So which ending do you see happening? Personally, I kind of like the idea of Sam and Dean jumping off the cliff together. Eric Kripke always had a five-year plan, so maybe he wanted to end Supernatural with the brothers sacrificing themselves side-by-side. Season 6 would be someone else's problem.
Halak's Canadiens extend supernatural playoff ride

 In this age of environmental awareness, the Canadiens chose not to fly home to Montreal last night aboard a jet.

They rode a magic carpet.

Was there a better way to travel after this team's second consecutive supernatural, seven-game series win? Not that the Canadiens' rug wasn't buffeted by more than a little turbulence en route to their dramatic 5-2 Game 7 victory over the Pittsburgh Penguins.

A 4-0 lead became 4-1. Then 4-2 as the Penguins found their legs midway through the second period and sucked the air from the lungs of a blowout.

Pittsburgh power plays, crushing pressure, preposterously good goaltending by Jaroslav Halak. A Mellon Arena crowd, devastated for a time, fully re-engaged and roaring in full voice.

The Canadiens weathered the choppy air until, finally, captain-in-waiting Brian Gionta swatted home a power-play goal, his second of the game, with 10 minutes left.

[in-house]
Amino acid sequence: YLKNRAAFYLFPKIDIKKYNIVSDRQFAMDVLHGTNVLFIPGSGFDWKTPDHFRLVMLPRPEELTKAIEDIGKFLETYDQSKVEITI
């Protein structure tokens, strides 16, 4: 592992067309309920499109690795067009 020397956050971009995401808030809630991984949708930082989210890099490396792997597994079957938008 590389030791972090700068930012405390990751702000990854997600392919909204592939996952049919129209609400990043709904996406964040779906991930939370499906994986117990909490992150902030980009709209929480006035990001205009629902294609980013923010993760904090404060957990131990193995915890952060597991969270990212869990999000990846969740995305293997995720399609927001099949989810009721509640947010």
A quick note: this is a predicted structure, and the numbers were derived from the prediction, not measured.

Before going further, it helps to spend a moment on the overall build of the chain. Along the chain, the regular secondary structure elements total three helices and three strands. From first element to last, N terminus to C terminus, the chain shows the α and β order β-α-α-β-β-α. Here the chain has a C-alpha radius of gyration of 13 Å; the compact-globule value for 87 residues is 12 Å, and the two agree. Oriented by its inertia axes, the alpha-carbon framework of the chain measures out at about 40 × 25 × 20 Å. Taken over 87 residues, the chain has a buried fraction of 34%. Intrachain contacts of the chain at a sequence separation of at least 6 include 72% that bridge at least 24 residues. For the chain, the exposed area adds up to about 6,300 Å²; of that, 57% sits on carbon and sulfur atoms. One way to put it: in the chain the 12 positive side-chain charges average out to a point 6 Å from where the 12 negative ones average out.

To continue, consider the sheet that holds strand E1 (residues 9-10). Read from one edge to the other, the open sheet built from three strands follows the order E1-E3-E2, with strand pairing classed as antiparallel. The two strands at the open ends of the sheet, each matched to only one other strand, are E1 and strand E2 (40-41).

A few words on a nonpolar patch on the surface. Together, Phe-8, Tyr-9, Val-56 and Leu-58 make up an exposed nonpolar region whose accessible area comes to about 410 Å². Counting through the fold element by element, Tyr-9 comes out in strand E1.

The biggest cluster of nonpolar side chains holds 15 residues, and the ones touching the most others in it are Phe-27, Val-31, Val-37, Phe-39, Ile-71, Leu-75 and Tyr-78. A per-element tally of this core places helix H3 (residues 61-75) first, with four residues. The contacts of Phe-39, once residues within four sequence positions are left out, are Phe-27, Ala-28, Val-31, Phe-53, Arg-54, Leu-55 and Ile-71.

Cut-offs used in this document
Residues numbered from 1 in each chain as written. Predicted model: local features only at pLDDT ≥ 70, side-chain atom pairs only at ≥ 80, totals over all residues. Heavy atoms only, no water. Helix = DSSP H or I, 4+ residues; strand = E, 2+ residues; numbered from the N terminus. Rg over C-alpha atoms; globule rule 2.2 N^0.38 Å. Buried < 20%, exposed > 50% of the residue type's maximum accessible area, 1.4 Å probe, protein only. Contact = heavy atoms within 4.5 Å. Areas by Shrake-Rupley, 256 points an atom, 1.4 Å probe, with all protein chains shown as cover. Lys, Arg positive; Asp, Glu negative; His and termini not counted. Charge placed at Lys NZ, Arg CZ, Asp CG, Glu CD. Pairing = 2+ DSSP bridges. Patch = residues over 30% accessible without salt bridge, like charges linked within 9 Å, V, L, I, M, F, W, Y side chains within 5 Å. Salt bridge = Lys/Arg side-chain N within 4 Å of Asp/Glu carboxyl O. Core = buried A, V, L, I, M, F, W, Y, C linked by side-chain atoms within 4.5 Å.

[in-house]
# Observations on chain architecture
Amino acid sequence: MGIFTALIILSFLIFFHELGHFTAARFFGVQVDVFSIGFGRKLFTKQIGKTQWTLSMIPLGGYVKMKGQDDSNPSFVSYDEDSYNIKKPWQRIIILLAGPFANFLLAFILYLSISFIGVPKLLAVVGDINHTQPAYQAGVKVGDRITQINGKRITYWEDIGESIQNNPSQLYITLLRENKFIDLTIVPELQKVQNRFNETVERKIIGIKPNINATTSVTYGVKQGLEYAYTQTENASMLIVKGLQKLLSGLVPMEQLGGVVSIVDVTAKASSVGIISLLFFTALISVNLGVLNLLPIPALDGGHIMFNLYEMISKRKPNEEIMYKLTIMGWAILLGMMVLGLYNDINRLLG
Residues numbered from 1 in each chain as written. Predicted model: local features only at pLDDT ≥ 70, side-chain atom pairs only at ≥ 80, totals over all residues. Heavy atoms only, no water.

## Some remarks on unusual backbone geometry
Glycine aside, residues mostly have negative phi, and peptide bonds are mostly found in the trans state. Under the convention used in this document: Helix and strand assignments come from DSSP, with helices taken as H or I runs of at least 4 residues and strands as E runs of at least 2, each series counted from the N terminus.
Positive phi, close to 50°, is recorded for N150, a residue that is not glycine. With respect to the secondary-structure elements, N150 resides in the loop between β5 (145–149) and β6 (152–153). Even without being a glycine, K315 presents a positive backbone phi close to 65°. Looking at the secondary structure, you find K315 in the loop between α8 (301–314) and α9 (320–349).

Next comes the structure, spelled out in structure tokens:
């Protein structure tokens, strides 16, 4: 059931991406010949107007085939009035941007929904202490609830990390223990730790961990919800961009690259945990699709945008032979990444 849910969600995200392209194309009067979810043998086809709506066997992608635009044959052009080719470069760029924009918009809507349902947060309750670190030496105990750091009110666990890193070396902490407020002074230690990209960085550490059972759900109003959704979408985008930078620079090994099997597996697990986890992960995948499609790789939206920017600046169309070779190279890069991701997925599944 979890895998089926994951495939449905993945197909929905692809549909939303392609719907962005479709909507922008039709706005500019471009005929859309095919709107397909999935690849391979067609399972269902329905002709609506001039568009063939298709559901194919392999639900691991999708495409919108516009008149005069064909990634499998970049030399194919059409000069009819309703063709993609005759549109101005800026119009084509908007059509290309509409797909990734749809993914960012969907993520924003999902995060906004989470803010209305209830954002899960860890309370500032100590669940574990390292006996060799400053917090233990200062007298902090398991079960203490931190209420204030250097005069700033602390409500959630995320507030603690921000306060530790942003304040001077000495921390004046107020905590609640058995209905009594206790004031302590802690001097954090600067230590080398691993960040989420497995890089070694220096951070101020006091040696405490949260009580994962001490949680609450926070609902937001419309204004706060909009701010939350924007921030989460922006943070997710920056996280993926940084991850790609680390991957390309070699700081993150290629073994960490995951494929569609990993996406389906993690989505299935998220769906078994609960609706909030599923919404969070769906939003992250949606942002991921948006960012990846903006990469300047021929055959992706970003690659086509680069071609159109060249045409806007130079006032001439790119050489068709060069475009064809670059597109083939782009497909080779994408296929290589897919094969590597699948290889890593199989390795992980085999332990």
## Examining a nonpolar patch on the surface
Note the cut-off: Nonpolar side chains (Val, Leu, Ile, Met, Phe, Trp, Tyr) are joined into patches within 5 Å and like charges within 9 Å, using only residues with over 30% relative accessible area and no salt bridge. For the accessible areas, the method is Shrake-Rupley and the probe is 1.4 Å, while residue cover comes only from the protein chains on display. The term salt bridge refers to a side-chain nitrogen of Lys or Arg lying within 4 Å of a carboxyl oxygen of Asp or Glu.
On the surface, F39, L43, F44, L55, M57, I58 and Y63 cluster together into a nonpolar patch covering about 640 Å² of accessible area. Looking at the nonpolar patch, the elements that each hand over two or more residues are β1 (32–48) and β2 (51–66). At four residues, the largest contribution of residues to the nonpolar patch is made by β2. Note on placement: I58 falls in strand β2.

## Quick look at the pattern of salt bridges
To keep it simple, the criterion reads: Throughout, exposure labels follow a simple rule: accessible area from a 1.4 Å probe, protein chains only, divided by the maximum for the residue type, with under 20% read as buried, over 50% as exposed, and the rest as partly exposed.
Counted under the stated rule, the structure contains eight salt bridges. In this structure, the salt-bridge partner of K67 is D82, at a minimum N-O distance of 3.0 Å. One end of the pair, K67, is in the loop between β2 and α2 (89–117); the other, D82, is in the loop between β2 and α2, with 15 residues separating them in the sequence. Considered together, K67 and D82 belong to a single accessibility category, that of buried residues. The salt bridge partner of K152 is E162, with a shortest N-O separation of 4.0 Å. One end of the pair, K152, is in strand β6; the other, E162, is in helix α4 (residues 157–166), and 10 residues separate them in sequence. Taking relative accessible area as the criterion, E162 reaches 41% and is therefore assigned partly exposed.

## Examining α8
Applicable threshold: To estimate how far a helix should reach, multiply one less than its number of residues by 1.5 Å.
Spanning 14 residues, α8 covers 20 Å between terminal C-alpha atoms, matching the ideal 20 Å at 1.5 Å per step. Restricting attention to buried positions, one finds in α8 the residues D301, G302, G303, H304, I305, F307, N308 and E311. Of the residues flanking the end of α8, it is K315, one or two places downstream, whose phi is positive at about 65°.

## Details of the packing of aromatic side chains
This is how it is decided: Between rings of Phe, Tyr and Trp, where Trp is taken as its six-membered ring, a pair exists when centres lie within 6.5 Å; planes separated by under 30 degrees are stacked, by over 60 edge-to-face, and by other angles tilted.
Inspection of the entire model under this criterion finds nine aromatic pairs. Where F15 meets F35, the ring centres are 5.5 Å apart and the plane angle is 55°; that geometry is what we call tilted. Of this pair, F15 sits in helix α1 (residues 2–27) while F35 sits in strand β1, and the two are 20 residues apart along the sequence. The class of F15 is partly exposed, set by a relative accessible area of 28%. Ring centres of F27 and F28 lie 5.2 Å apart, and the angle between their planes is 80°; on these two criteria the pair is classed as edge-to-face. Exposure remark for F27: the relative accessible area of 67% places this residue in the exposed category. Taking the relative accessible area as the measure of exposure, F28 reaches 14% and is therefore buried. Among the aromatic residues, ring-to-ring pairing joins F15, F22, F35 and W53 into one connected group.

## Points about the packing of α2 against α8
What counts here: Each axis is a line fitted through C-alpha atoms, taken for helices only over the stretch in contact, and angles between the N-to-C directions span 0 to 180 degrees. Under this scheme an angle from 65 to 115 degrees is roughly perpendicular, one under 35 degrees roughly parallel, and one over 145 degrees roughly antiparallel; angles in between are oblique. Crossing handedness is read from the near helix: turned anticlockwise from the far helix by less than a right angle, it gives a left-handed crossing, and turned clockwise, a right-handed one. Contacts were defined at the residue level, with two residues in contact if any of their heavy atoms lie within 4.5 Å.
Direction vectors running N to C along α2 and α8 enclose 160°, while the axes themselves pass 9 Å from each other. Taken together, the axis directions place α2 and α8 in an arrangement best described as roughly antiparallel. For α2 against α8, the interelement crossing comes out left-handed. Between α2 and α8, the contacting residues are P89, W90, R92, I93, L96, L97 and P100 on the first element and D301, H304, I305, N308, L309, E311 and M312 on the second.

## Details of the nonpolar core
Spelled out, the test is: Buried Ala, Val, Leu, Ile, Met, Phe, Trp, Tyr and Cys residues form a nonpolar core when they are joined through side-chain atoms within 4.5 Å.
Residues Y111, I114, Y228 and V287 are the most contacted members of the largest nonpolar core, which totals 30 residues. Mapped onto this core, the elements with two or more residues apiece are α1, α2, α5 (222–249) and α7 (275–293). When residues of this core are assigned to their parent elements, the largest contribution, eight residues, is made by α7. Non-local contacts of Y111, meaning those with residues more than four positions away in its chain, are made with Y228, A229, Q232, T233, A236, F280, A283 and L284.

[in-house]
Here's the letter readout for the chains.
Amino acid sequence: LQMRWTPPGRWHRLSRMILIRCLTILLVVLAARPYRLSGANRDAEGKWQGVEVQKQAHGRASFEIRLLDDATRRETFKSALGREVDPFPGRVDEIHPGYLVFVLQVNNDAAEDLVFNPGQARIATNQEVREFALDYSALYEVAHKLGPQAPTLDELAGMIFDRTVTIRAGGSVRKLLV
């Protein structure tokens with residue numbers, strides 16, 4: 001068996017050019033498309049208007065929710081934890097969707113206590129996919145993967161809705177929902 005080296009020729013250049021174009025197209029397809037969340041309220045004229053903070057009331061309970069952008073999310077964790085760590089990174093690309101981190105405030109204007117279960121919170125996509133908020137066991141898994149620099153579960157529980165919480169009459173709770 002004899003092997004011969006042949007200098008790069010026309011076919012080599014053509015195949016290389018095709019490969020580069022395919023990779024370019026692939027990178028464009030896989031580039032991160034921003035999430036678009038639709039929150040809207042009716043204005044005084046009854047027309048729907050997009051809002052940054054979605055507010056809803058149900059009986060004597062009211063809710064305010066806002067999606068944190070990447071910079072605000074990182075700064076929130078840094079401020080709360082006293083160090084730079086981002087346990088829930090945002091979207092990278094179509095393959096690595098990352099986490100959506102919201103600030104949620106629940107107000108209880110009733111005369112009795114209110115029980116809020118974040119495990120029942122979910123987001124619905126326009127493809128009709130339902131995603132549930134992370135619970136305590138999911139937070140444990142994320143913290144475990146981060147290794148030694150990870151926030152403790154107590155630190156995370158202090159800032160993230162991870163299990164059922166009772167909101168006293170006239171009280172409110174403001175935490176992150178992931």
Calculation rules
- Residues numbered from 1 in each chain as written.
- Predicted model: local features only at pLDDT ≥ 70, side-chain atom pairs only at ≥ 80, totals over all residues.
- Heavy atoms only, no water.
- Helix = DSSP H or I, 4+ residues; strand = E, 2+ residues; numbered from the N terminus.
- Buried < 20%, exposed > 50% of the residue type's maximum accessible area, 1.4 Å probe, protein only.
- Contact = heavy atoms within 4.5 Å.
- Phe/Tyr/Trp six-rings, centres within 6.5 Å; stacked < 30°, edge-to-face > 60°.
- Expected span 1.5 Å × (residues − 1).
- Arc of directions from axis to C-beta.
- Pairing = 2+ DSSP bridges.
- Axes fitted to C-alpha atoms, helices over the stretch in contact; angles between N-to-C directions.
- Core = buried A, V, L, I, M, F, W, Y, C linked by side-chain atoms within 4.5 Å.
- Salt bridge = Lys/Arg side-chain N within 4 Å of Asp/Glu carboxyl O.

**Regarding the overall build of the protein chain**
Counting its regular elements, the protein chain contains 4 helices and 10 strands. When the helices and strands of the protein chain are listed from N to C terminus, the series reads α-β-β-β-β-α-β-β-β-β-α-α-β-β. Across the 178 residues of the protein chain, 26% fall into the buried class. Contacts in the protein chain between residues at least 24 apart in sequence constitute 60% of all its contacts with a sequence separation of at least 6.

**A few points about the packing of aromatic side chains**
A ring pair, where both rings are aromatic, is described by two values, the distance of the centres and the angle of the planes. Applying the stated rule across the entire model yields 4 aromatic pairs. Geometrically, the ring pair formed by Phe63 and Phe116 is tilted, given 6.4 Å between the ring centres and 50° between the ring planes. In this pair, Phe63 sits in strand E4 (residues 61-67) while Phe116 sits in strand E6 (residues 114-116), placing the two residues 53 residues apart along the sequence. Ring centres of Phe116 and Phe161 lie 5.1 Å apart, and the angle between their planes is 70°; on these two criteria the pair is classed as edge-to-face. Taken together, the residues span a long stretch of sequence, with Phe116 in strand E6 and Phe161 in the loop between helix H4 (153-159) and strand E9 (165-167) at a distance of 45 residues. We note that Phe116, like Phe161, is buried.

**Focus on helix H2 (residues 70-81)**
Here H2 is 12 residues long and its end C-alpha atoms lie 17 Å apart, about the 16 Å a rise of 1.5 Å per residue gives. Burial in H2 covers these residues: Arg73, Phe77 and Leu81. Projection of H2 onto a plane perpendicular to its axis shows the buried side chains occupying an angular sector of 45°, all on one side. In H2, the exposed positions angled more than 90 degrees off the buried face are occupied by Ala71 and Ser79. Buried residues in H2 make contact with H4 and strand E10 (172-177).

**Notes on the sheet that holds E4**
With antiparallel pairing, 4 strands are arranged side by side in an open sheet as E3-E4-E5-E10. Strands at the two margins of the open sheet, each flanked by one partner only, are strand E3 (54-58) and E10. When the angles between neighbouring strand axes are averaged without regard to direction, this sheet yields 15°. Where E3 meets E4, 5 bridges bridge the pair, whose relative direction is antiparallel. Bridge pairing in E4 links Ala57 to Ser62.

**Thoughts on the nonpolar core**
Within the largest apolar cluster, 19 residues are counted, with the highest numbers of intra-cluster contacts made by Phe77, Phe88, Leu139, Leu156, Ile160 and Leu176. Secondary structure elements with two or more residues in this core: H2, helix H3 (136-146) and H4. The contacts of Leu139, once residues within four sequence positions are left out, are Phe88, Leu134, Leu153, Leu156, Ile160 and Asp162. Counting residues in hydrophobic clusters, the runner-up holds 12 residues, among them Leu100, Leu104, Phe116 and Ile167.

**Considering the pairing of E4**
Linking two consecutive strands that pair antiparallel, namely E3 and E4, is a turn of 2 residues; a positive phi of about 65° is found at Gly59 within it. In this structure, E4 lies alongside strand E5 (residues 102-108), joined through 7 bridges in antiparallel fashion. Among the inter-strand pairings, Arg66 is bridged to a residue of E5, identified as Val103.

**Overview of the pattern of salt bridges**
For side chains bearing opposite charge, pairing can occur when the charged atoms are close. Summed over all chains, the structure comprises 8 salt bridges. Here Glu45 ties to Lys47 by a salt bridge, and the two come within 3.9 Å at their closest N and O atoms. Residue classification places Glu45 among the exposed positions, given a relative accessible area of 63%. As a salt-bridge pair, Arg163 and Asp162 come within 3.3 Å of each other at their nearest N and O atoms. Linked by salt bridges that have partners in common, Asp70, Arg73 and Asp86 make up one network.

Now, this remarkable team savours the victory in and around a city that has gone truly quite mad. And it waits for the winner of the Bruins-Flyers series, which goes to Game 7 tomorrow.

The Canadiens will begin the Eastern Conference final - their first since they last won the Stanley Cup in 1993 - beginning Sunday in Boston or Philadelphia.

"The way we're going, I wish we could play tomorrow," Montreal centreman Scott Gomez said in a joyful dressing room. "But let's face it - we want those two to beat up on each other." So let's crunch a few impressive numbers in the meantime: S The Canadiens are 13-8 in Game 7s through their history, since their first to-the-limit series in 1949.

S They have won their last four seven-game series. Three have come in conference quarterfinals - Washington this season and Boston in both 2008 and '04 - and now Pittsburgh in a semifinal.

S Gomez, the most seasoned Game 7 performer for either of last night's teams, improved his record to 6-2 in ultimate sudden-death.

Of course, the most vital statistic last night could be calculated on the fingers: pucks in two nets. Five in Pittsburgh's, two in Montreal's.

There was another benchmark, one more abstract: which team would better manage its sweaty palms and shortness of breath? That would be the Canadiens, a team that perhaps we should stop calling improbable or Cinderella or even an underdog. A team to which we should stop attaching any label that downplays a fiercely proud group that has never doubted its belief in itself.

This hockey club, which emerged from the regular season as the 16th and weakest playoff seed, is exactly halfway through the postseason.

And it has not beaten hapless opponents to be here. First, the NHL's best regular-season club in the Washington Capitals. Then, the Penguins, the defending Stanley Cup champion.